Establish the habit of saying something kind to each member of your family every day. Maybe as you are saying goodnight, you could thank them for specific contributions they made to the family that day, commend their acts of thoughtfulness and kindness, and tell them something you appreciate about them. This can become a special time that your family will look forward to each night and can make a difference in attitudes and actions within the family.

Praise to Others

Let your loved ones hear you praising them to others.


A hand-written letter can be (and usually is) kept and cherished for life. Write to your husband, children, and loved ones to tell them of your love; your hopes, aspirations, and prayers for their future; etc.

Telephone Calls

Phone calls are very inexpensive now. You can call a friend across the country and have a 20-minute visit for under $1. Just a short time to catch up on news and let your friend know that you are praying for her and that you value your friendship can be a tremendous and needed encouragement.

Sharing the Good News of Salvation

If you truly love someone that isn't saved, you will want to give them the Gospel. "For I am not ashamed of the gospel, for it is the power of God for salvation to everyone who believes" (Romans 1:16).

Gospel tracts and Scripture portions make an excellent aid in witnessing.

2. Time

Time spent together focusing on your loved one, his needs, and his interests is a genuine act of love. Just being together is the best gift you can give to those you love.

In your family, this can be made a regular routine, such as:

? Arrange to drop everything and spend the first 10-15 minutes with your husband when he gets home or go on a walk together. Do not monopolize the time with your concerns; listen to the report of his day.

? Schedule time alone, even 5-10 minutes, with each of your children each day. One suggestion is to have a helper with you for each of your tasks such as cooking, laundry, errands, etc. Use the time together to visit, talk about his interests, but especially to listen to your child.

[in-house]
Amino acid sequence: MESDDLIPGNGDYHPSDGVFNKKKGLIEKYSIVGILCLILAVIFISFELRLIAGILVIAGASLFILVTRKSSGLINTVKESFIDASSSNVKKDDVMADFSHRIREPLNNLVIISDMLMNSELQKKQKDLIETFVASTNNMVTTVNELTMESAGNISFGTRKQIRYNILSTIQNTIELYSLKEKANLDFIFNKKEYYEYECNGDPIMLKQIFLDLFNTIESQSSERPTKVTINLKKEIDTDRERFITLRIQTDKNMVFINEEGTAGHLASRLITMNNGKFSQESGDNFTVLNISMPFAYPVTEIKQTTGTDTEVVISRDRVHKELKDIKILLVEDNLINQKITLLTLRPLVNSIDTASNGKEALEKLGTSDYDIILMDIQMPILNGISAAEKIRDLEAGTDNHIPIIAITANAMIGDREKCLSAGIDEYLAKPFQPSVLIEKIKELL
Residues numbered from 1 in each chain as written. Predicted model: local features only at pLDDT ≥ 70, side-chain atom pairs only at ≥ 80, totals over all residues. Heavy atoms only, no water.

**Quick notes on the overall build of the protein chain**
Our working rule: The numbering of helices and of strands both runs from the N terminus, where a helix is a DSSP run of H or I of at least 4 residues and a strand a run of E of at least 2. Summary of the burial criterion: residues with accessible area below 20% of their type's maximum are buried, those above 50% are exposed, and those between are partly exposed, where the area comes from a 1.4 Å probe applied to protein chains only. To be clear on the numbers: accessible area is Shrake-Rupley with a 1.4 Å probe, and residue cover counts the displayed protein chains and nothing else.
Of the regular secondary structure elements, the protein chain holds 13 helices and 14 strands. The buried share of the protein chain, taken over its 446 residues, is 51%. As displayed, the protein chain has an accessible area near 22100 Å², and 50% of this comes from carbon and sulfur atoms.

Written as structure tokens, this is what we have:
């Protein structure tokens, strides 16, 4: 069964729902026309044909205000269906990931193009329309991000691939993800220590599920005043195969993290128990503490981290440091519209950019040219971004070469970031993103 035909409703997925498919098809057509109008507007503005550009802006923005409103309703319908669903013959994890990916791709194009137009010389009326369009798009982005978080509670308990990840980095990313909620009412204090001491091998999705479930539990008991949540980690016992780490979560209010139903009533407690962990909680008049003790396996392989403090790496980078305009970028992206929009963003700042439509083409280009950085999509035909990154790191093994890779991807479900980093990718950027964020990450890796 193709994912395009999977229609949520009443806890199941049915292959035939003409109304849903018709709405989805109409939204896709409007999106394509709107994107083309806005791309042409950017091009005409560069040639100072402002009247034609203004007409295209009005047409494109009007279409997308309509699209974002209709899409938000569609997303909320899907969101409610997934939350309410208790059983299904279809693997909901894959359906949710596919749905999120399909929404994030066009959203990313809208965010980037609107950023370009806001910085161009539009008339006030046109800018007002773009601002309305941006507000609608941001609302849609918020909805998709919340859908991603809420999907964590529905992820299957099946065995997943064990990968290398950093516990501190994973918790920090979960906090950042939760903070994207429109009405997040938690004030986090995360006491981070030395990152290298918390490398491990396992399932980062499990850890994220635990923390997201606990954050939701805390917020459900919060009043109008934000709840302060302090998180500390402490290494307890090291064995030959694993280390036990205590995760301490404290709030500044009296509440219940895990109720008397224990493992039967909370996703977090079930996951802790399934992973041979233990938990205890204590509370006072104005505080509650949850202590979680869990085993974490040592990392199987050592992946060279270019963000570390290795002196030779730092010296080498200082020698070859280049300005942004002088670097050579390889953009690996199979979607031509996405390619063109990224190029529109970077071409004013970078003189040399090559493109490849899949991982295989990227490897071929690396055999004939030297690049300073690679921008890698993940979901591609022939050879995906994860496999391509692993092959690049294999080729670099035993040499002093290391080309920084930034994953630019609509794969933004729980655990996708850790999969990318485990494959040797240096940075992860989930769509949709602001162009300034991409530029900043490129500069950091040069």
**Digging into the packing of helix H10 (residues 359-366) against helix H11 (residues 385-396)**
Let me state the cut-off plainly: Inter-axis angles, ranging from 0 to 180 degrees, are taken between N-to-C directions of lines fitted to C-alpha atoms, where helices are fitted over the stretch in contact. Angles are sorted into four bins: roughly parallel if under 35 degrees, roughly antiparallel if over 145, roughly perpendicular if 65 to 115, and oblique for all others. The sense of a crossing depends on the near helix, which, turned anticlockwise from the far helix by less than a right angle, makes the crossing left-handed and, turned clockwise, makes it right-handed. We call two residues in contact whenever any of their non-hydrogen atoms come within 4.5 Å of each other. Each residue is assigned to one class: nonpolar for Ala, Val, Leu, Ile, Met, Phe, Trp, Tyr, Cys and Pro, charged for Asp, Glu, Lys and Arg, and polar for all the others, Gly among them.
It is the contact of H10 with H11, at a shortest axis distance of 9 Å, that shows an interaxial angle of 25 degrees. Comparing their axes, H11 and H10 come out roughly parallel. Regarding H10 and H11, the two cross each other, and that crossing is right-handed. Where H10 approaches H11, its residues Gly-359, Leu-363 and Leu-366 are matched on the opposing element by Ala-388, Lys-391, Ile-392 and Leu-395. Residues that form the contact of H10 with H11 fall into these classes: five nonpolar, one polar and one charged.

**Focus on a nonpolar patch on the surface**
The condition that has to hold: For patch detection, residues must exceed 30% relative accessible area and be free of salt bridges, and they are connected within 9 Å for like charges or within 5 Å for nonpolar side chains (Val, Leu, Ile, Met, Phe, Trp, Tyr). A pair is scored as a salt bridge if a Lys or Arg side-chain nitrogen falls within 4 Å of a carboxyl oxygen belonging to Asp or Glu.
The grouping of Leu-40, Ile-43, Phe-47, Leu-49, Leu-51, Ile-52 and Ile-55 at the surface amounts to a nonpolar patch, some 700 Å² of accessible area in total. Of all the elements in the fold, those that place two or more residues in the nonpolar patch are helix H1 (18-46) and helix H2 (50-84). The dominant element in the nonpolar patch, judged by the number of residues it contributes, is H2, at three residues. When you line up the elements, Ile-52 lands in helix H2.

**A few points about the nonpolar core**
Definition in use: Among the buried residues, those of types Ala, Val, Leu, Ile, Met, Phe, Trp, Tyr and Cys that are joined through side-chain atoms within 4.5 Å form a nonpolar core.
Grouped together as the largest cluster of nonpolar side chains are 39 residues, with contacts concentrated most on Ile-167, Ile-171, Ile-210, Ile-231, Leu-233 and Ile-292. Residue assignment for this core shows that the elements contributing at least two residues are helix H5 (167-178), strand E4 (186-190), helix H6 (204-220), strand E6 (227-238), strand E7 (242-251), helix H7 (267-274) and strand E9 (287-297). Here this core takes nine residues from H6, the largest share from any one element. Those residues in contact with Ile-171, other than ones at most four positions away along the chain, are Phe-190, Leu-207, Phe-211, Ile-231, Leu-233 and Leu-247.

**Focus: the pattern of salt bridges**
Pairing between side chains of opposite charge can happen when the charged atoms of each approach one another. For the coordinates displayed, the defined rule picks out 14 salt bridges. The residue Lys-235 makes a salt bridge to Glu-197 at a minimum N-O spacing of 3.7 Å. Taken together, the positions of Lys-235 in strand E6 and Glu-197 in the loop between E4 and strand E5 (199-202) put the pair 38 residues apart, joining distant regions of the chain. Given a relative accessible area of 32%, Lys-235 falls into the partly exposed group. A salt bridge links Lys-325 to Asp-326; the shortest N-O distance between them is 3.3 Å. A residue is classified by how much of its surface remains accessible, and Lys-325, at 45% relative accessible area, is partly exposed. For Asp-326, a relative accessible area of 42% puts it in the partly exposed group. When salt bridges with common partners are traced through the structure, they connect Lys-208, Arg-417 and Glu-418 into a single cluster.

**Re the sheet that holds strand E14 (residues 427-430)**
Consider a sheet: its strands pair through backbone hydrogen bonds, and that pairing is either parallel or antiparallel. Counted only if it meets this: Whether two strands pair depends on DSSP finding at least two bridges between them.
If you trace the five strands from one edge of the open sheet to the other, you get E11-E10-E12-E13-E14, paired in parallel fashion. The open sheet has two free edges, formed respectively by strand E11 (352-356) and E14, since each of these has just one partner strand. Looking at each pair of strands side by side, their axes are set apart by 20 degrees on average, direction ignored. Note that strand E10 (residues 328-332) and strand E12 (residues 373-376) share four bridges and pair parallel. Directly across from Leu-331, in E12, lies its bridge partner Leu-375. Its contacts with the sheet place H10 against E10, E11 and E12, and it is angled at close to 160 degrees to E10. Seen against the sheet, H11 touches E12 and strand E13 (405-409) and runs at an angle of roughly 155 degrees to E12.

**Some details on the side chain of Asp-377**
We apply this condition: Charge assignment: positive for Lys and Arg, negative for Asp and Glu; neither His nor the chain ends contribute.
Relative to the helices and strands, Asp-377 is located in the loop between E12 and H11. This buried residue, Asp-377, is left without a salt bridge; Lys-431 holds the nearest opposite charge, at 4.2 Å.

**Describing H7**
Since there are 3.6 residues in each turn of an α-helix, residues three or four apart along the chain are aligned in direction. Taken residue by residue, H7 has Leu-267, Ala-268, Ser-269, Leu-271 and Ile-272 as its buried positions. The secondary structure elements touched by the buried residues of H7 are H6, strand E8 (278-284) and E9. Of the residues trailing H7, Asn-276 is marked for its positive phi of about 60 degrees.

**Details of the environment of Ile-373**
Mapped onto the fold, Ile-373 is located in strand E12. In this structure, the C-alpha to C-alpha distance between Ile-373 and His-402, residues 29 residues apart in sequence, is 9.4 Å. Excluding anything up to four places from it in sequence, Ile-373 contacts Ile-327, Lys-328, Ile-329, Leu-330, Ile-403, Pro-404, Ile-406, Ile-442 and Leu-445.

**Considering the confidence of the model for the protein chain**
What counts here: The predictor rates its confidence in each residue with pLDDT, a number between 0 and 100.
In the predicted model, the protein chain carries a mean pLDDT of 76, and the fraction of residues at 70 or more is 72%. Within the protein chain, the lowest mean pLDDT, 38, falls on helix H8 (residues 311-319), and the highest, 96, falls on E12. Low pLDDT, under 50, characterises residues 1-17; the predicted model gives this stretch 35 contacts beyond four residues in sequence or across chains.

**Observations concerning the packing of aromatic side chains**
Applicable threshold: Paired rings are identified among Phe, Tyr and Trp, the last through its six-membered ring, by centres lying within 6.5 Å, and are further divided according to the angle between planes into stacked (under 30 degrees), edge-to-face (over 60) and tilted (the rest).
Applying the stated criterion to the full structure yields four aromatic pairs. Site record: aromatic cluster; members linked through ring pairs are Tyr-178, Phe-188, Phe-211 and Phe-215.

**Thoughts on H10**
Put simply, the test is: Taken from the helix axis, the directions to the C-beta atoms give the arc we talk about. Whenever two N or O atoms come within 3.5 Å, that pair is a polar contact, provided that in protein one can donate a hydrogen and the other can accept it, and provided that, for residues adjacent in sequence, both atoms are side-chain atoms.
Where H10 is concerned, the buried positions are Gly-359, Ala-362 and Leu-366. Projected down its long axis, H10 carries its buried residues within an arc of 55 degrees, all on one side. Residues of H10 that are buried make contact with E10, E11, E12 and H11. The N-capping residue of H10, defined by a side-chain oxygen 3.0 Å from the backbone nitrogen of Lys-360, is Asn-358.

? Invite a friend or family over for a meal or a neighbor in for a cup of tea.

? Visit a shut-in and ask him to share something about his life.

? And don't forget to spend time with the Lord each day!

3. Gifts

It really is the thought that counts ? your gifts do not need to be large or expensive to be valued as a tangible expression of your affection.

Small purchased or handmade gifts that show your thoughtfulness could include flowers, a pen or pencil, a hair clip or piece of jewelry, a pot holder, a tool, a wallet, an item to add to a favorite collection, framed photo, bookmark, handkerchief, favorite food, etc.

Gifts can remind your loved one of your love for him as he sees and uses the gift.

For those in real need, a more practical or substantial gift would be appropriate. "But whoever has the world's goods, and sees his brother in need and closes his heart against him, how does the love of God abide in him?" (1 John 3:17).

4. Acts of Service

Serving the needs of a loved one really shows that you care.

Do one of your loved one's regular chores, run an errand, do something he hasn't had time to do, sew on a button or mend a garment, notice something he needs and bring it to him, etc.

Opportunities for service to those outside your family might include providing a meal, running errands, doing yard work, or providing child care for the sick, shut-ins, busy home-school mothers, etc.

5. Physical Touch

? Hugs, kisses, and other shows of affection are appropriate for family members.

? A hand shake or hug for a member of the same gender is appropriate for others.

The Five Love Languages

Read more about the ways that you can show love to others in these three books by Gary Chapman:

? The Five Love Languages: How to Express Heartfelt Commitment to Your Mate
? The Five Love Languages of Children
? The Five Love Languages of Teenagers.

Copyright 2009 by www.TeachingHome.com. Reprinted by permission.

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Posted by tink38570 at 10:35 PM CST
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"I Love You" Scavenger Hunt

The "I Love You" Scavenger Hunt is from the website ThriftyFun.com. I am unable to reprint the instructions, but it's a fun "hunt" that you could do with your kids for your spouse.

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Posted by tink38570 at 10:07 PM CST
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Valentine's Day Goodies
Topic: FamiliesAgain Freebies